When the juveniles are flying on their own, the parents help them learn to hunt by dropping food in mid-air. Seeing the falling prey, the young birds dive and snatch it for a meal.

            By now, in mid July, the young birds are all flying and hunting, mostly on their own. For a few weeks they will stay close to home, then they'll stray farther and farther up and down the Genesee River gorge until in mid-August they will leave the area for parts unknown. Peregrine, in fact, means wanderer. After the diaspora, the likelihood of seeing falcons from the pedestrian bridge --- juveniles or adults --- diminishes markedly. So carpe diem!

Peregrine Falcons are beautiful birds by any measure, but much of their appeal derives from their power and lethal grace. They fly with a disarming silkiness, so effortlessly they seem hardly to be trying.

            Animal rights advocates may be understandably ambivalent about our efforts to build back the once-endangered Peregrine Falcons' populations. If we did to birds what falcons do to birds, we'd be locked up for animal cruelty. Watching a falcon rip apart a pigeon on a window ledge is not a gentling experience. Falcons get away with it because it's Nature's way, and it is. Falcons have been catching birds and other prey for millions of years, and it's not likely that their feeding habits will change in the future.

            I was curious about the official stance of animal rights activists on natural predators, so I sent an e-mail to PETA, People for Ethical Treatment of Animals, asking for their official position on Peregrine repopulation. Spokeswoman Stephanie Boyles said PETA applauds the Kodak falcon project, and others like it, that have helped bring the Peregrine Falcon back from the brink of extinction.

            For some falcon watchers, seeing a strike in mid-air is the peak experience. One reason is simply the visual excitement --- the power dive is breathtaking and so distinctive it has a special name, the stoop. This has always been the climactic moment of falconry. The speed of a Peregrine Falcon in mid-stoop has been estimated at "between 100 and 200 miles per hour," which would make it the fastest bird on earth. But the wide range given belies the accuracy of the numbers. How would one measure such an unpredictable and transitory event?

            Historically, falconry --- hunting small game with trained falcons --- has been reserved for royalty, hence the term "sport of kings." Possession of falcons by commoners was forbidden. In this country, possession of falcons, or any hawks, by anybody, is illegal without a special license. Peregrine Falcons are not the only hawks used for falconry, but they've always been top choice because of their dash and power.

            All falcons are classy birds. The little Kestrels (formerly called Sparrow Hawks) whip around in fine style. Falcons act as if they know what they're doing. They're very confident --- in that sense, regal, in command.

            Juvenile Peregrines like to play --- swooping, darting at each other, chasing each other about, pursuing butterflies and falling leaves, tumbling in pairs with talons interlocked, honing their aerial skills. It's a good show. But even if you only see one bird from the bridge, and that one is perched, it will have been well worth the effort.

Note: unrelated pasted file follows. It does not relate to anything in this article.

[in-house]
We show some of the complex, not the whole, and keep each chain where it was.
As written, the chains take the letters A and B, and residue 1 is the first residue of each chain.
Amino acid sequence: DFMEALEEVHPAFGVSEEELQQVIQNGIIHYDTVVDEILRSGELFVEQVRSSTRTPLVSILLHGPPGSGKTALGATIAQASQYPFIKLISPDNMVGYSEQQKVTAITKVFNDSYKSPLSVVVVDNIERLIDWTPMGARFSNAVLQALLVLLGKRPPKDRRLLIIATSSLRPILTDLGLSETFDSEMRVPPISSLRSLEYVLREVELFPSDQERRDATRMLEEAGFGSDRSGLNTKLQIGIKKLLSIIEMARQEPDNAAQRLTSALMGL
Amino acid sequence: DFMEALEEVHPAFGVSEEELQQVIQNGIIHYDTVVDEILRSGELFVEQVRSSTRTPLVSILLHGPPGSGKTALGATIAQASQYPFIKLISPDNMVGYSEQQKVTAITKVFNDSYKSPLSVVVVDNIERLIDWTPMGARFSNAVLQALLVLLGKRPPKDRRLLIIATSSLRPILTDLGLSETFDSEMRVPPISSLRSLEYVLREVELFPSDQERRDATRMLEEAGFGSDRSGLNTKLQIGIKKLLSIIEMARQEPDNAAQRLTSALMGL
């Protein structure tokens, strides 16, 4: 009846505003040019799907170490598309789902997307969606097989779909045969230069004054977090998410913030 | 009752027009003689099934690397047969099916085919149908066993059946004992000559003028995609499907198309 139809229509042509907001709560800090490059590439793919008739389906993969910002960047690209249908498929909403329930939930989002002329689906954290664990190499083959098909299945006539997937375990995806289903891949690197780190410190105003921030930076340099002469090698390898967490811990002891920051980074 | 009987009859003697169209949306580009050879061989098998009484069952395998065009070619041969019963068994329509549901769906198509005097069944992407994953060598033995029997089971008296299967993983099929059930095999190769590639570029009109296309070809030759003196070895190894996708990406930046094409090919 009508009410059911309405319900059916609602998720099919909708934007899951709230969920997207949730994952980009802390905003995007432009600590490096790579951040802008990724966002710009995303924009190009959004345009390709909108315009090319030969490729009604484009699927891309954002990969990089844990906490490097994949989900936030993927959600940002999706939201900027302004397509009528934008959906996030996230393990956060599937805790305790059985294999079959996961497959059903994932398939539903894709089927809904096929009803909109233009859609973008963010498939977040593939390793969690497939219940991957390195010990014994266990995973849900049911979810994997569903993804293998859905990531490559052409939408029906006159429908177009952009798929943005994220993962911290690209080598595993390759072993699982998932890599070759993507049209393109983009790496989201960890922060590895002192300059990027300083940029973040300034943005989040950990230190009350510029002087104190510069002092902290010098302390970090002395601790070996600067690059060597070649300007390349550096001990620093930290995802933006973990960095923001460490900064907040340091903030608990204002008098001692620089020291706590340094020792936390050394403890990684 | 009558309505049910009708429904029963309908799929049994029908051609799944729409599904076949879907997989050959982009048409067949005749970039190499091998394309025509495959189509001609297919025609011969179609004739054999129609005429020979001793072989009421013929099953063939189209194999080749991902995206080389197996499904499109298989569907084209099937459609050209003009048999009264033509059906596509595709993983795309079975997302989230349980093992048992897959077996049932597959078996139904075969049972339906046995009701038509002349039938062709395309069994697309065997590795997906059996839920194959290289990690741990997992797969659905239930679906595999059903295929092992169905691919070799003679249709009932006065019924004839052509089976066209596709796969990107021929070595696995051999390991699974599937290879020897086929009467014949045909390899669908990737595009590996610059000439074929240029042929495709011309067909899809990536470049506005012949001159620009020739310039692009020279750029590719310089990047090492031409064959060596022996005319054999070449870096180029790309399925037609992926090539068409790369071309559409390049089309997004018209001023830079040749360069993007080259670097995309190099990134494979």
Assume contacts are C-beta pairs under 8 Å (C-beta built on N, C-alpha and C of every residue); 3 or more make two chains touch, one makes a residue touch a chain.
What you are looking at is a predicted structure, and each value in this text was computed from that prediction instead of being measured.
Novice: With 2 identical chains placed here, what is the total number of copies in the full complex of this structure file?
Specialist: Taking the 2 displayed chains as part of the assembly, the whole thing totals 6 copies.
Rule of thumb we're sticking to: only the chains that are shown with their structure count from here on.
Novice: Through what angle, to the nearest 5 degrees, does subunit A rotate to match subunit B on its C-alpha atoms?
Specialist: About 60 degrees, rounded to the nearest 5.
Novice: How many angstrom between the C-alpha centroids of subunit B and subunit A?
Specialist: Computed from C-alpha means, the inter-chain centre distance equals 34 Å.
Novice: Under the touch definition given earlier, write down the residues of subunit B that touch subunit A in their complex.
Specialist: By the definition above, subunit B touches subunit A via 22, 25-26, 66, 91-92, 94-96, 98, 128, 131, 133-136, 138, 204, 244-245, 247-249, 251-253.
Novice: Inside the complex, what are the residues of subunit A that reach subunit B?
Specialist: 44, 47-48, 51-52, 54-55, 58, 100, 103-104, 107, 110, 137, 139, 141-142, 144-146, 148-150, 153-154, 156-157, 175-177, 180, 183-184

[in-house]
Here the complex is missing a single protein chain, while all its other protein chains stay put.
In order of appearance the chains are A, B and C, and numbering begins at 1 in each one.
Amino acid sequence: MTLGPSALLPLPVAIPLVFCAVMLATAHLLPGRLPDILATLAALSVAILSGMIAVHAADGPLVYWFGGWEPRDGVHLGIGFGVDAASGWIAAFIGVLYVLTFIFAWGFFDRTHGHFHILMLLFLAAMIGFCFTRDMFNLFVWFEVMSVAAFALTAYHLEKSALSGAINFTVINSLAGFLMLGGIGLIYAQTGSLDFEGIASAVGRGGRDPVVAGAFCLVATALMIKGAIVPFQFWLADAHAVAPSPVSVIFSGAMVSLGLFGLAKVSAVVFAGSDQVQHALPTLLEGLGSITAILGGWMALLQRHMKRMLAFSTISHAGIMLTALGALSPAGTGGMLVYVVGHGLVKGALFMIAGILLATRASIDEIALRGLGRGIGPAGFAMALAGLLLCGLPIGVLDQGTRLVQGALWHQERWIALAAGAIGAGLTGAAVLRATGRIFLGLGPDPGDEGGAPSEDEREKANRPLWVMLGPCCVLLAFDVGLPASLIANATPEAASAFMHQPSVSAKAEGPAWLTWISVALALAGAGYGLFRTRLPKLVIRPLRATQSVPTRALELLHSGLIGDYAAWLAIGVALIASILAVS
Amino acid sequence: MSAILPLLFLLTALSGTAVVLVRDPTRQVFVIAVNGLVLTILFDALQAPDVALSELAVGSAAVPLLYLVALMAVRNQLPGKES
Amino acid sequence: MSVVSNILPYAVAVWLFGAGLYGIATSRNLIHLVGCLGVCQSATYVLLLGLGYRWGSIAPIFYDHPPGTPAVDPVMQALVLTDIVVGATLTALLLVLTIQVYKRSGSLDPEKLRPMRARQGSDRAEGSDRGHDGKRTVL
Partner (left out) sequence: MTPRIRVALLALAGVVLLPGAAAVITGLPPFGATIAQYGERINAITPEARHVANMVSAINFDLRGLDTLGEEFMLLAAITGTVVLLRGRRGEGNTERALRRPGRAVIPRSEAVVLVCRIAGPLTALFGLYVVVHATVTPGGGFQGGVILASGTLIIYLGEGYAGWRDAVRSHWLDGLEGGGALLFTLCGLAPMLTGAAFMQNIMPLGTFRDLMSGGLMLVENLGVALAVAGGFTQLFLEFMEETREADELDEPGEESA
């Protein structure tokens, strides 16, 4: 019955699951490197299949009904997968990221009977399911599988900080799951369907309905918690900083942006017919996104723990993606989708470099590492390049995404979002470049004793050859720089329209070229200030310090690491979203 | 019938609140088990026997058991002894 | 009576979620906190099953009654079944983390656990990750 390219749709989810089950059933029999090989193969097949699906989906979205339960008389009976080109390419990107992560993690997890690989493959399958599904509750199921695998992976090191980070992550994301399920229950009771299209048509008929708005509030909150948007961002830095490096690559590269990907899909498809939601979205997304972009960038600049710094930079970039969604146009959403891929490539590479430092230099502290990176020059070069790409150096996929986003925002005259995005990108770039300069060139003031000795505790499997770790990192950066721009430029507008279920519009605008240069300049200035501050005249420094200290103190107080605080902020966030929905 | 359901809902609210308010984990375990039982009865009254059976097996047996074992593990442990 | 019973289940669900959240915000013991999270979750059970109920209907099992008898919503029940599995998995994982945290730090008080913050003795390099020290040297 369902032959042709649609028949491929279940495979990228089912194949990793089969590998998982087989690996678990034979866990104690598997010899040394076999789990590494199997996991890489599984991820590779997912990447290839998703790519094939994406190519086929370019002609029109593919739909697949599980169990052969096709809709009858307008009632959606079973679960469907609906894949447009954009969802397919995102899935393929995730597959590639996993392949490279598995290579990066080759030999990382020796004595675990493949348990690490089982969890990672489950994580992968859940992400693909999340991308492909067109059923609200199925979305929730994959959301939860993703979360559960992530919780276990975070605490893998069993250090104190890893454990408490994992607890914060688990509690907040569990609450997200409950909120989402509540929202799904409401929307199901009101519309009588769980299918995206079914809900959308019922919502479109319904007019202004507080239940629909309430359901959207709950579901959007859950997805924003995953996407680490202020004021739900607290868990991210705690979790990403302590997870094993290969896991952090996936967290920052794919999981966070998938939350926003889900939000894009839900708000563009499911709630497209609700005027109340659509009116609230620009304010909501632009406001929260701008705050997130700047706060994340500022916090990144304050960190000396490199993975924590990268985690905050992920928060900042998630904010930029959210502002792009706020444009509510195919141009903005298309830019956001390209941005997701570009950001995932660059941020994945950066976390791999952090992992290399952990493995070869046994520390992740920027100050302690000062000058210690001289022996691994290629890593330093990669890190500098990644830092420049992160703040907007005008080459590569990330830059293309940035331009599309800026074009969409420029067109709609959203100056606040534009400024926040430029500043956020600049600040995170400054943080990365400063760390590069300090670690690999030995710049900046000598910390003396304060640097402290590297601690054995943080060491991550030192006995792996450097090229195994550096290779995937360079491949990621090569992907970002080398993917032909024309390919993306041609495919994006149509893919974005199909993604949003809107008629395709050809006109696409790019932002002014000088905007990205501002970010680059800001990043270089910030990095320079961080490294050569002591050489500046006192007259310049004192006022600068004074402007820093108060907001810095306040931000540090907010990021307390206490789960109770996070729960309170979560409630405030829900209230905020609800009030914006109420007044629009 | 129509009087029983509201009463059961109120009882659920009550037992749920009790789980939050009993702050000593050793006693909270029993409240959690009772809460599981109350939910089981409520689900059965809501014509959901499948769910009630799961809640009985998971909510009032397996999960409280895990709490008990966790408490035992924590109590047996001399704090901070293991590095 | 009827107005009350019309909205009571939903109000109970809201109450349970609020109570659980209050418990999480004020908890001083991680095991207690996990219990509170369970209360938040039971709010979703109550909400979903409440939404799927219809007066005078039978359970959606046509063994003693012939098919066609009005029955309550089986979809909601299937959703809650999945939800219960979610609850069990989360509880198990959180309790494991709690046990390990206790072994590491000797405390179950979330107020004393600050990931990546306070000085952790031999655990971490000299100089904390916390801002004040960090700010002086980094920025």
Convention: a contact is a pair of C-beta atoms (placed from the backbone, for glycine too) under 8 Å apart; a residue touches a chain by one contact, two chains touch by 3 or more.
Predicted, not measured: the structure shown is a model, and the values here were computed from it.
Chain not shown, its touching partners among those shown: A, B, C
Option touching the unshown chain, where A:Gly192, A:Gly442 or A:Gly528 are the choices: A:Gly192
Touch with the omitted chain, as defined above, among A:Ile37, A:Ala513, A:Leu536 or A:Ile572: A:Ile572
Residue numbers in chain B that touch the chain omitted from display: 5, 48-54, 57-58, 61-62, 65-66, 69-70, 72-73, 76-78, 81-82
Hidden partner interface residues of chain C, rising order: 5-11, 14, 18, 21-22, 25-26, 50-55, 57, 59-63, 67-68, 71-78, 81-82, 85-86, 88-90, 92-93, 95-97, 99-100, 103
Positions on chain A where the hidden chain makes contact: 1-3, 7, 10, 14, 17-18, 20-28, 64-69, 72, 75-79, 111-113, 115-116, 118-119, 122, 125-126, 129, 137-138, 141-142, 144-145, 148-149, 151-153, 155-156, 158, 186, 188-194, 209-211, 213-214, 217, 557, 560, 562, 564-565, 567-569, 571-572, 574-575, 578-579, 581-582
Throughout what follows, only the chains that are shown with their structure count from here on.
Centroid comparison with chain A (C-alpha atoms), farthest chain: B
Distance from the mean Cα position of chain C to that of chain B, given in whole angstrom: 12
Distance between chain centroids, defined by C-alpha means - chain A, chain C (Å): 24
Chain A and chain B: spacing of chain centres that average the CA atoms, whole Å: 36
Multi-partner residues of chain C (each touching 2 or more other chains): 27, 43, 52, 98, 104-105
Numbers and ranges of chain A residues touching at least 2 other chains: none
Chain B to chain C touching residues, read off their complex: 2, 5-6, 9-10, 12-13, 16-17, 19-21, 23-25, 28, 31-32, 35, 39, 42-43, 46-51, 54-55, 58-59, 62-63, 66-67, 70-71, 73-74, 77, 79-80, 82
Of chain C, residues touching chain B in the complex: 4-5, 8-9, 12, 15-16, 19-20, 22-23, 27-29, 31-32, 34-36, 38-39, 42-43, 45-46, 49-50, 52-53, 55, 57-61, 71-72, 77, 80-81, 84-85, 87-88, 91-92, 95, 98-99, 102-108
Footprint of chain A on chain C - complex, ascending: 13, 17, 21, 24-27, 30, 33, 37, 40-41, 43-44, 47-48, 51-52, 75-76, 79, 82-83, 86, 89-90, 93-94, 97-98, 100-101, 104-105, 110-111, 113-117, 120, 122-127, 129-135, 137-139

Legally, the Kodak Peregrine Falcons are wards of New York State. They're also protected by federal law. Having made a comeback from near extinction due to DDT in the food chain --- which made their eggs too fragile for incubation --- the birds have been removed from the federal endangered species list, but are still considered endangered by the New York State Department of Environmental Conservation.

This is the sixth year for the Kodak Falcon Project. It was started in 1998 by Dennis Money, environmental analyst for Rochester Gas and Electric. The nest box and cameras are now maintained by Kodak in close cooperation with the DEC --- a member of which participated in the banding on June 4. Money also spearheaded the successful Western-Central New York River Otter Restoration Project.

            Even after the falcon family disperses in late summer, we may still be able to keep track of Hafoc. He has a transmitter harnessed to his back that sends signals to a satellite, thence to trackers who hope to learn more about the migration of male Peregrines. Many juvenile falcons simply disappear off the radar screen, never to be seen again. The first-year attrition rate is pretty high, mostly from crashing into things during migration. One of last year's brood, Isaura, apparently had a fatal collision with an airplane. She was found dead near an airport runway. All we can do is wish the new brood good luck and look for parents Mariah and Kaver to be back next spring.

            Falcon watchers come from other states, other continents. And those who don't actually come regularly check out the Kodak Birdcam website's discussion board. To date, in 2004, there have been more than 23,000 postings. With the birds flown, the discussion board shuts down July 21. To check it out again next March, Google for "Kodak Birdcam 2005."

            So get out on the bridge and take advantage of this special opportunity. Falconeers are a friendly bunch, and watching falcons is a social event. Just walk up to somebody with binoculars and ask, "What's happening?" You'll be clued in to the latest action. Let us know what you see.

  • Going falconing at High Falls